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Virginia Woolf, the Intellectual, and the Public Sphere

Details

  • Page extent: 248 pages
  • Size: 228 x 152 mm
  • Weight: 0.37 kg

Paperback

 (ISBN-13: 9780521035385)

Virginia Woolf, the Intellectual, and the Public Sphere relates Woolf's literary reviews and essays to early twentieth-century debates about the value of 'highbrow' culture, the methods of instruction in universities and adult education, and the importance of an educated public for the realization of democratic goals. By focusing on Woolf's theories and practice of reading, Melba Cuddy-Keane refutes assumptions about Woolf's modernist elitism, revealing instead a writer who was pedagogically oriented, publicly engaged and committed to the ideal of classless intellectuals working together in reciprocal exchange. Woolf emerges as a stimulating theorist of the unconscious, of dialogic reading, of historicist criticism and of value judgments, while her theoretically informed but accessible prose challenges us to reflect on academic writing today. Combining a wealth of historical detail with a penetrating analysis of Woolf's essays, this 2003 study will alter our views of Woolf, of modernism and of intellectual work.

• Provides insights into Virginia Woolf as a publicly engaged writer challenging notions of modernist intellectual's aloofness from the public sphere • Examines documents including radio broadcasts, periodicals and newspapers, and materials on the history of books and publishing • Written in a clear and accessible style

Contents

Acknowledgments; List of abbreviations; Introduction: a wider sphere; Part I. Cultural Contexts: 1. Democratic highbrow: Woolf and the classless intellectual; 2. Woolf, English studies and the making of the (new) common reader; Part II. Critical Practice: 3. Woolf and the theory and pedagogy of reading; Postscript: intellectual work today; Notes; Bibliography; Index.

Reviews

'… the book is highly recommended as a welcome addition to Woolfian scholarship.' Cercles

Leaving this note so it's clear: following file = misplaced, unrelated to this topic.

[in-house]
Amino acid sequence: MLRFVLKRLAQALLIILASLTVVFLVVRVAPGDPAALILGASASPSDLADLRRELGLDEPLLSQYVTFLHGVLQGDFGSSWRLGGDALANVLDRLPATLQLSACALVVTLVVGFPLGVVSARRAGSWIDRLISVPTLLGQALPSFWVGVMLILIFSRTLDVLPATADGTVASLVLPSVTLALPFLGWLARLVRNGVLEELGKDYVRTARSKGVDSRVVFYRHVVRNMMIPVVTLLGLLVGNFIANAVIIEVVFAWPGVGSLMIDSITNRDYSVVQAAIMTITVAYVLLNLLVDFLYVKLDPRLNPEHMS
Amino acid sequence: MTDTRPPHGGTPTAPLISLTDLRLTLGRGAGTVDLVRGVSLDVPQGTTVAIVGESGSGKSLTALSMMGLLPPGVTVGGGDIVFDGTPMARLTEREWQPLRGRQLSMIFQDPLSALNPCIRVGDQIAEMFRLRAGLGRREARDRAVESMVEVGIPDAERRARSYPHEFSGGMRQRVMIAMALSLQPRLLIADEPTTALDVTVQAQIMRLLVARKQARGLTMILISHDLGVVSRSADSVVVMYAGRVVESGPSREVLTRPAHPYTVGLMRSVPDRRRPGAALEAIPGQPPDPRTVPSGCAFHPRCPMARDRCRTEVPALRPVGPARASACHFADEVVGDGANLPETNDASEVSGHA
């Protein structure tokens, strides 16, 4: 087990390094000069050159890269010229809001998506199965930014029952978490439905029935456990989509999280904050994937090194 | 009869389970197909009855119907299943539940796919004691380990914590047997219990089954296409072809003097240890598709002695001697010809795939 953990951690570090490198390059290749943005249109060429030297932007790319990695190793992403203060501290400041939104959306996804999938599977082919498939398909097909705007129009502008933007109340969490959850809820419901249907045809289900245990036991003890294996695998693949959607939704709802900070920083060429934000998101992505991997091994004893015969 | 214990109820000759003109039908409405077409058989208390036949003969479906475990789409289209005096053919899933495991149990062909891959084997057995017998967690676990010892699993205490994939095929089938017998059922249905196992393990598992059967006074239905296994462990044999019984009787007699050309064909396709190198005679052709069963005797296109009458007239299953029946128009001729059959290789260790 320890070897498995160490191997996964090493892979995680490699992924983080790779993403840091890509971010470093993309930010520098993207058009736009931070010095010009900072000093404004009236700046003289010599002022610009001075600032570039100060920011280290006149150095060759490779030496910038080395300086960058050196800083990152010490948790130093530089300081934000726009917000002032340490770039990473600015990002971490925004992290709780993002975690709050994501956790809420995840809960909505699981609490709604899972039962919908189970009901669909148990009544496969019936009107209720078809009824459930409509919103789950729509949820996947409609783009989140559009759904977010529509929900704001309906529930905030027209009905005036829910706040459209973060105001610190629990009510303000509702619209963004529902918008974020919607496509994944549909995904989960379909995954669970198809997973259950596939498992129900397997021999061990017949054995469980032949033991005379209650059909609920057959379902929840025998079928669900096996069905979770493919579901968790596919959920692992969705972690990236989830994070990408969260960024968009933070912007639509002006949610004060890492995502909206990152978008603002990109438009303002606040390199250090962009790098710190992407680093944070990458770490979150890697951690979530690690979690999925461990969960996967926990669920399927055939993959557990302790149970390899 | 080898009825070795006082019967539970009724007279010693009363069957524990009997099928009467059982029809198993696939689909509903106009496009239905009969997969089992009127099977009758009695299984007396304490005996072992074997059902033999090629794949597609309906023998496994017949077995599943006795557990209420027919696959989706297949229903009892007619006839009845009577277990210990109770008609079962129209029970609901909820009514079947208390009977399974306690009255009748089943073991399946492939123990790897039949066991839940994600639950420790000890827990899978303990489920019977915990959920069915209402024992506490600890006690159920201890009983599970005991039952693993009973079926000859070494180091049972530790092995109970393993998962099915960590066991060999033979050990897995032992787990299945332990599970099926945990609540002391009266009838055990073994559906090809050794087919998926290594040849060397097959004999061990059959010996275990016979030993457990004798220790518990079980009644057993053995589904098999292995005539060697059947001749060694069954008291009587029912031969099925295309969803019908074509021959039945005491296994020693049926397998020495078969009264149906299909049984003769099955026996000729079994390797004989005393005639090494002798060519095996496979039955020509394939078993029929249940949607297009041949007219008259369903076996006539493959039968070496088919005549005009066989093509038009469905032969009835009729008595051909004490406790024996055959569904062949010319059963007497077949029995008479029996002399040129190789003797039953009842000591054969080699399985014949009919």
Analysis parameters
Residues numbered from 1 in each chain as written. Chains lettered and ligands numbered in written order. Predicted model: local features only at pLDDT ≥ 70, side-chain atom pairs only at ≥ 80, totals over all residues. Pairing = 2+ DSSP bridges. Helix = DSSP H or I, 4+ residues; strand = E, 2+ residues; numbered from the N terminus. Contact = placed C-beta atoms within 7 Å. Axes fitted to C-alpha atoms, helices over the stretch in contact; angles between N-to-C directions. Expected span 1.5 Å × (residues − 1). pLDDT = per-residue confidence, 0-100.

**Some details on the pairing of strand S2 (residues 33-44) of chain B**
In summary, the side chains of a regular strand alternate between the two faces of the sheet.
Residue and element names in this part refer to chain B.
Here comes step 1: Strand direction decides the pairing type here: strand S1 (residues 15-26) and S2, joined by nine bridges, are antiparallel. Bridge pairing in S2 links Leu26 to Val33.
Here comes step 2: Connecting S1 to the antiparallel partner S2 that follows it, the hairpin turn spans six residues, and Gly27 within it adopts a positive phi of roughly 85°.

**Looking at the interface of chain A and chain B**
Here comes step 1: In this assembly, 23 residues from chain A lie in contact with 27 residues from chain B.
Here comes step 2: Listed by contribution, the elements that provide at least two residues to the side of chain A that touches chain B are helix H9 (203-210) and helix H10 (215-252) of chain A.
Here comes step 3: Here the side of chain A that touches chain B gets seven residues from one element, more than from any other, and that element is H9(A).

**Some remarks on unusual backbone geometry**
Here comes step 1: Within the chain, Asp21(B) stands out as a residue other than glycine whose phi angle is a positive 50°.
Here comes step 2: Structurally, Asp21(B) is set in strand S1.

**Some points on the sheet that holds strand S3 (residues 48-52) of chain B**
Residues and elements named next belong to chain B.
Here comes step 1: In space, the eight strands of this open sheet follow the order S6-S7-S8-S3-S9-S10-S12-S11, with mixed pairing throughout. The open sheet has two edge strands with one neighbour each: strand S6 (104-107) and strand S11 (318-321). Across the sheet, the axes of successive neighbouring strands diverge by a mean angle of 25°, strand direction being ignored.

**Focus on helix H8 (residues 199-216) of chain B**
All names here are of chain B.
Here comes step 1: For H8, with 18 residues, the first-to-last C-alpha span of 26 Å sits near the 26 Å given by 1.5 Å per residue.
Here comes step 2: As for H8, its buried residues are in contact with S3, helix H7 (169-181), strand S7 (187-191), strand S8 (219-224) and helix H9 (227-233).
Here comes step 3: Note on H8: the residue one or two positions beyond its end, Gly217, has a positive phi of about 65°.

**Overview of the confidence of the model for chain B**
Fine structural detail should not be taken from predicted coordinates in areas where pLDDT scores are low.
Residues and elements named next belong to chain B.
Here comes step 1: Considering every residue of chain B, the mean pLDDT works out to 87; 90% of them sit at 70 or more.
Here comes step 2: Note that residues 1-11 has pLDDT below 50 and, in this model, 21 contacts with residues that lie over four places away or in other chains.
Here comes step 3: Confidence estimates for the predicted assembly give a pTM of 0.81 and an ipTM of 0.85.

'Cuddy-Keane's book should be required reading for anyone interested in the intellectual and cultural history of modernism. … Cuddy-Keane is always stimulating and thoughtful …' Modernism/Modernity

'Only rarely does a book appear which suddenly and single-handedly reworks the critical terrain. Melba Cuddy-Keane's Virginia Woolf, the Intellectual and the Public Sphere is such a book. … thoughtful, illuminating … This book is an outstanding piece of scholarship: original, provocative, historically and theoretically grounded. Cuddy-Keane moves seamlessly between abstract concepts and the specifics of individual texts; her argument never seems forced. … Virginia Woolf, the Intellectual and the Public Sphere will have wide and lasting currency in Woolf studies.' Yearbook of English Studies

'This book takes us further as critics of Woolf in its injunction to read Woolf's criticism within the development of a modernist history of ideas. Cuddy-Keane's overarching insight that Woolf's essays teach us, not only through their content but through their rhetorical strategies, to read and to think outside authoritative parameters emphasizes once again the subtle complexity of this modernist writer.' Georgia Johnston, Saint Louis University

'Melba Cuddy-Keane's outstanding Virginia Woolf, the Intellectual and the Public Sphere puts to rest any lingering doubts about the significance of Woolf's criticism by delineating a new context in which to read it … elegantly argued … This is an important book, a smart book, and a well-written book.' Woolf Studies Annual

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